Evidence of the social value of a proposal rather than research innovation is the key to successful funding bids under the European Union research funding programme, says a consultant.
The advice comes from Paul Drath, director of Singleimage, a company that runs training workshops for universities applying for cash under the EU's Seventh Framework Programme (FP7) for Research and Technological Development.
"Researchers are often focused on what the project will mean to them, but it is essential to take a wider view and explain how the research will benefit people at the European and international level ... This is frequently underestimated in bid proposals," he said.
FP7, which has a budget of EUR50.5 billion (£40 billion) over seven years from 2007, is the union's main instrument for funding research. It is "aimed at helping to put into effect one of the EU's main goals of increasing the potential for economic growth and of strengthening European competitiveness by investing in knowledge innovation and human capital", according to the Council of the European Union.
FP7 consists of a number of projects, including the EUR32 billion "Co-operation" programme to encourage international collaborative research in fields such as health, energy, space, security, environment, food and agriculture, transport and socioeconomic sciences and humanities.
The programme has a reputation for complexity, especially in the area of collaborative research. Newcomers to FP7 face a mountain of documents that is enough, according to Mr Drath, to make them give up on bidding.
Delegates at his workshops are usually confident about the academic aspects of bids but are less knowledgeable about practical steps needed to ensure success, he said.
"This includes very basic things such as creating a well-structured timetable to ensure that your proposal arrives on time," he said.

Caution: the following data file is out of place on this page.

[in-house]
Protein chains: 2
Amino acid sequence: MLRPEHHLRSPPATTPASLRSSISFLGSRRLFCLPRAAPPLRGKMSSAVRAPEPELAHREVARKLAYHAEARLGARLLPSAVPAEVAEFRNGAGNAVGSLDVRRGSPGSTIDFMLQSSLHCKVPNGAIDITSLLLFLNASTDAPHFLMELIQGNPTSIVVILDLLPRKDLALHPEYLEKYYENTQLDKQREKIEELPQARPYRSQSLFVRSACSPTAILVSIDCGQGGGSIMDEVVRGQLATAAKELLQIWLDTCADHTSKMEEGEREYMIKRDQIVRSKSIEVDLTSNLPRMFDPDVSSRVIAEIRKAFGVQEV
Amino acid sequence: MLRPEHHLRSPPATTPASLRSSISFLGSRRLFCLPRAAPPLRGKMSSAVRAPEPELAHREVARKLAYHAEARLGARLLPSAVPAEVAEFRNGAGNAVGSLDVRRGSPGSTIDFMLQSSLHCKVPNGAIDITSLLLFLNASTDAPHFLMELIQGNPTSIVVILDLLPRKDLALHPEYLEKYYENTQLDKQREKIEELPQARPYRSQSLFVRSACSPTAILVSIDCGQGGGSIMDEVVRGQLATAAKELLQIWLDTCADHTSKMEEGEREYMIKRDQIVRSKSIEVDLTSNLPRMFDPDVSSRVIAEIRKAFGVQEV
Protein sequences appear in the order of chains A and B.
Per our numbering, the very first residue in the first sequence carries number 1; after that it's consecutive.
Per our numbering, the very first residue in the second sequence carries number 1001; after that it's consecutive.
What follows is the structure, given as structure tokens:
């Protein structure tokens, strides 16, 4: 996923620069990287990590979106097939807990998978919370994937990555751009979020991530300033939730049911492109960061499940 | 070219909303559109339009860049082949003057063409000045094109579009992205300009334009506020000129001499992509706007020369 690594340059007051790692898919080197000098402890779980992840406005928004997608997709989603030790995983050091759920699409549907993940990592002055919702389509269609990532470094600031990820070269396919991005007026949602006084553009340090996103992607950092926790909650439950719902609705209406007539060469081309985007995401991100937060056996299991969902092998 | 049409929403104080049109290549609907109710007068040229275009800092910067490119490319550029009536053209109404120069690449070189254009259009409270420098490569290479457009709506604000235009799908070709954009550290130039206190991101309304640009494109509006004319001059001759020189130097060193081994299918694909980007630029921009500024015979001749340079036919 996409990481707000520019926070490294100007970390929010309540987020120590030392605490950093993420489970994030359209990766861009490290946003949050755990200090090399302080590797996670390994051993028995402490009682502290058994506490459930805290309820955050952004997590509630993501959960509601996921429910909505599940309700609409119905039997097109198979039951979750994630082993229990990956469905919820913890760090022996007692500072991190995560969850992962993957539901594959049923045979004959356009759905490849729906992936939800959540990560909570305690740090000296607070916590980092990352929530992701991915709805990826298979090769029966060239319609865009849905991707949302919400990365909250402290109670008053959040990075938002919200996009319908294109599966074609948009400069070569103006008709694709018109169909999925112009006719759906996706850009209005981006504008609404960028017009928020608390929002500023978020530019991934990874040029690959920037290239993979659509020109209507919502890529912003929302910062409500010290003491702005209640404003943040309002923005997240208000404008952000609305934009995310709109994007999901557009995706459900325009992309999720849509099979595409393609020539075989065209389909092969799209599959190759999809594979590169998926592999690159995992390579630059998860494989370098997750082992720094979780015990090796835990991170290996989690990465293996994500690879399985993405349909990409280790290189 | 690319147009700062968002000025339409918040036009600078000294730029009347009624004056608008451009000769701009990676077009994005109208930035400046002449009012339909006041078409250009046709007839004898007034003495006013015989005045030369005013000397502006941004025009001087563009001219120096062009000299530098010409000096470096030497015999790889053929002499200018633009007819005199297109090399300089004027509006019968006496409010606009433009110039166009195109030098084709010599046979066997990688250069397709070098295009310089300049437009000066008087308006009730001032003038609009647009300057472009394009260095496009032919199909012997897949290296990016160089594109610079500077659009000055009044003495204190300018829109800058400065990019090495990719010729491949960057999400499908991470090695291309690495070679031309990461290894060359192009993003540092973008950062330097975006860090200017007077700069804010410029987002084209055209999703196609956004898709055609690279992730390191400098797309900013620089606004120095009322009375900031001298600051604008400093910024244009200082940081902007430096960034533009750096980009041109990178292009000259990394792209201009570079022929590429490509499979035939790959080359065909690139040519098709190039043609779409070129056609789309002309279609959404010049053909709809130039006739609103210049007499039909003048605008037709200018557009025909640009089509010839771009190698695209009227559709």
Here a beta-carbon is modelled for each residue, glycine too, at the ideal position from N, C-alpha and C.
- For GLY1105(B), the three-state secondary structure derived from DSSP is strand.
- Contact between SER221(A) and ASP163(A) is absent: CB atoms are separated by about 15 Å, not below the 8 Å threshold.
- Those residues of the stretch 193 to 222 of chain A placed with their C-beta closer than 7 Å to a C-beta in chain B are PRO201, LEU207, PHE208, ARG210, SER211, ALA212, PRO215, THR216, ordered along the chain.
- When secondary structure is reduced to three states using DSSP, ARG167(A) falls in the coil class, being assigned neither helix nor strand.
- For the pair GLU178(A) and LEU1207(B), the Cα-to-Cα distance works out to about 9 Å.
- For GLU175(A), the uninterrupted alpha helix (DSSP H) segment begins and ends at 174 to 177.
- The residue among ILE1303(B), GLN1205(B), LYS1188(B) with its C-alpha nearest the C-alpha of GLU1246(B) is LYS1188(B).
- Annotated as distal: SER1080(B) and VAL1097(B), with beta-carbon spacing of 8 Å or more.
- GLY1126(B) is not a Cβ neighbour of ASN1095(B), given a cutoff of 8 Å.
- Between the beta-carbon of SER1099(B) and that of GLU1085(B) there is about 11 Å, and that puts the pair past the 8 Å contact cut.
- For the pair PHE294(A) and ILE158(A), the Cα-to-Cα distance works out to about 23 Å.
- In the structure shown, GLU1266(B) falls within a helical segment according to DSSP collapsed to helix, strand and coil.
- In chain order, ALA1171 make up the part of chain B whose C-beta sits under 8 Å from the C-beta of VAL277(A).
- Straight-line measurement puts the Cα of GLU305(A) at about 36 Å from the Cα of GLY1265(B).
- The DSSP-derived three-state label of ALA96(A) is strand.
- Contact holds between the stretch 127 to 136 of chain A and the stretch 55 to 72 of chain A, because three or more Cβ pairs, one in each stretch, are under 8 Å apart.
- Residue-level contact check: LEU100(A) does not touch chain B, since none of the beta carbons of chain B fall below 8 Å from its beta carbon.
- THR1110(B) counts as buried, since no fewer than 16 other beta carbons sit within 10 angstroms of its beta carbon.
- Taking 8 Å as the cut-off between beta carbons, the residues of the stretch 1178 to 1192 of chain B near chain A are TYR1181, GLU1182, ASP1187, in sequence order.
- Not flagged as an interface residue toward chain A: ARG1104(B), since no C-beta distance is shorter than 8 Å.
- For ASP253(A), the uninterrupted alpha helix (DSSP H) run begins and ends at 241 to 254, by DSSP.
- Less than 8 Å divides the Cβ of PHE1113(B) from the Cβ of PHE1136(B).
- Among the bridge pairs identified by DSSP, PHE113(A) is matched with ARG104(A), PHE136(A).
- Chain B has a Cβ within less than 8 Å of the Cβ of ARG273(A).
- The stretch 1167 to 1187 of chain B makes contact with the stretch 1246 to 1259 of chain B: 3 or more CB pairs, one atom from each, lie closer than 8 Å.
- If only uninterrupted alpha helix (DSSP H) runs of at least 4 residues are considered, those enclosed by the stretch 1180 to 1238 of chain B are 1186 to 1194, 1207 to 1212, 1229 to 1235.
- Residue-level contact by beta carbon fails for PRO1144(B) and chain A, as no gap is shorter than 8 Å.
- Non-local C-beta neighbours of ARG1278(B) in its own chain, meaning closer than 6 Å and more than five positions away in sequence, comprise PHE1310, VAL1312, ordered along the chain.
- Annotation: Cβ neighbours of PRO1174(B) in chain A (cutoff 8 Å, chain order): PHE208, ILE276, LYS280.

Academics have a tendency to be less than clear when writing about a project's administration or its prospective outcomes.
"It is essential that your proposal contains clear, concrete facts rather than vague speculation and sweeping generalisations about what you hope the project will achieve," he said.
Mr Drath said that although the focus on impact is proving to be a headache for individual researchers, it may be a blessing in disguise for some universities.
"Much UK research funding is based on the research assessment exercise, with its strong focus on academic excellence. In contrast, EU collaborative research has a strong application focus," he said.
"This opens the door to universities with strong links to industry and users of research, provided they can present their ideas clearly and show how they match EU requirements.
"The research-intensive universities are very active on the EU scene, but the programme also offers good opportunities for those with a more practical bent."
TIPS FOR GRANT SUCCESS
Making a bid for EU research cash can be daunting. Paul Drath offers eight points to improve your chances of success.
Innovation: State how your project will advance scientific knowledge worldwide. Be specific about the uniqueness of your approach.
Project: Explain how your proposal addresses a specific topic in the relevant European programme, both in terms of technical content and impact on the target.
European achievements: Consider the results' impact at the European level as well as the local and national level. It is particularly important to emphasise the added value achieved through cross-border collaboration.
Consortium: Provide a strong argument for the selection of your project partners. Detail what skills they bring to the project and how this achieves the right mix to carry out the work and exploit the results.
Co-ordinator: The project co-ordinator is pivotal. Provide evidence that he or she has the management skills to deliver results from a multi-partner, multi-national consortium.
Strategy: The project should be core to the research strategies of all partners. Explain the context in which the project will operate, showing how partners will be motivated to invest time and effort in the project and its subsequent application and exploitation.
Impact: The proposal should describe the potential benefit of the results to users. Plans for future technology transfer should be included.
Clarity: Check that the proposal is readily understood from a quick reading.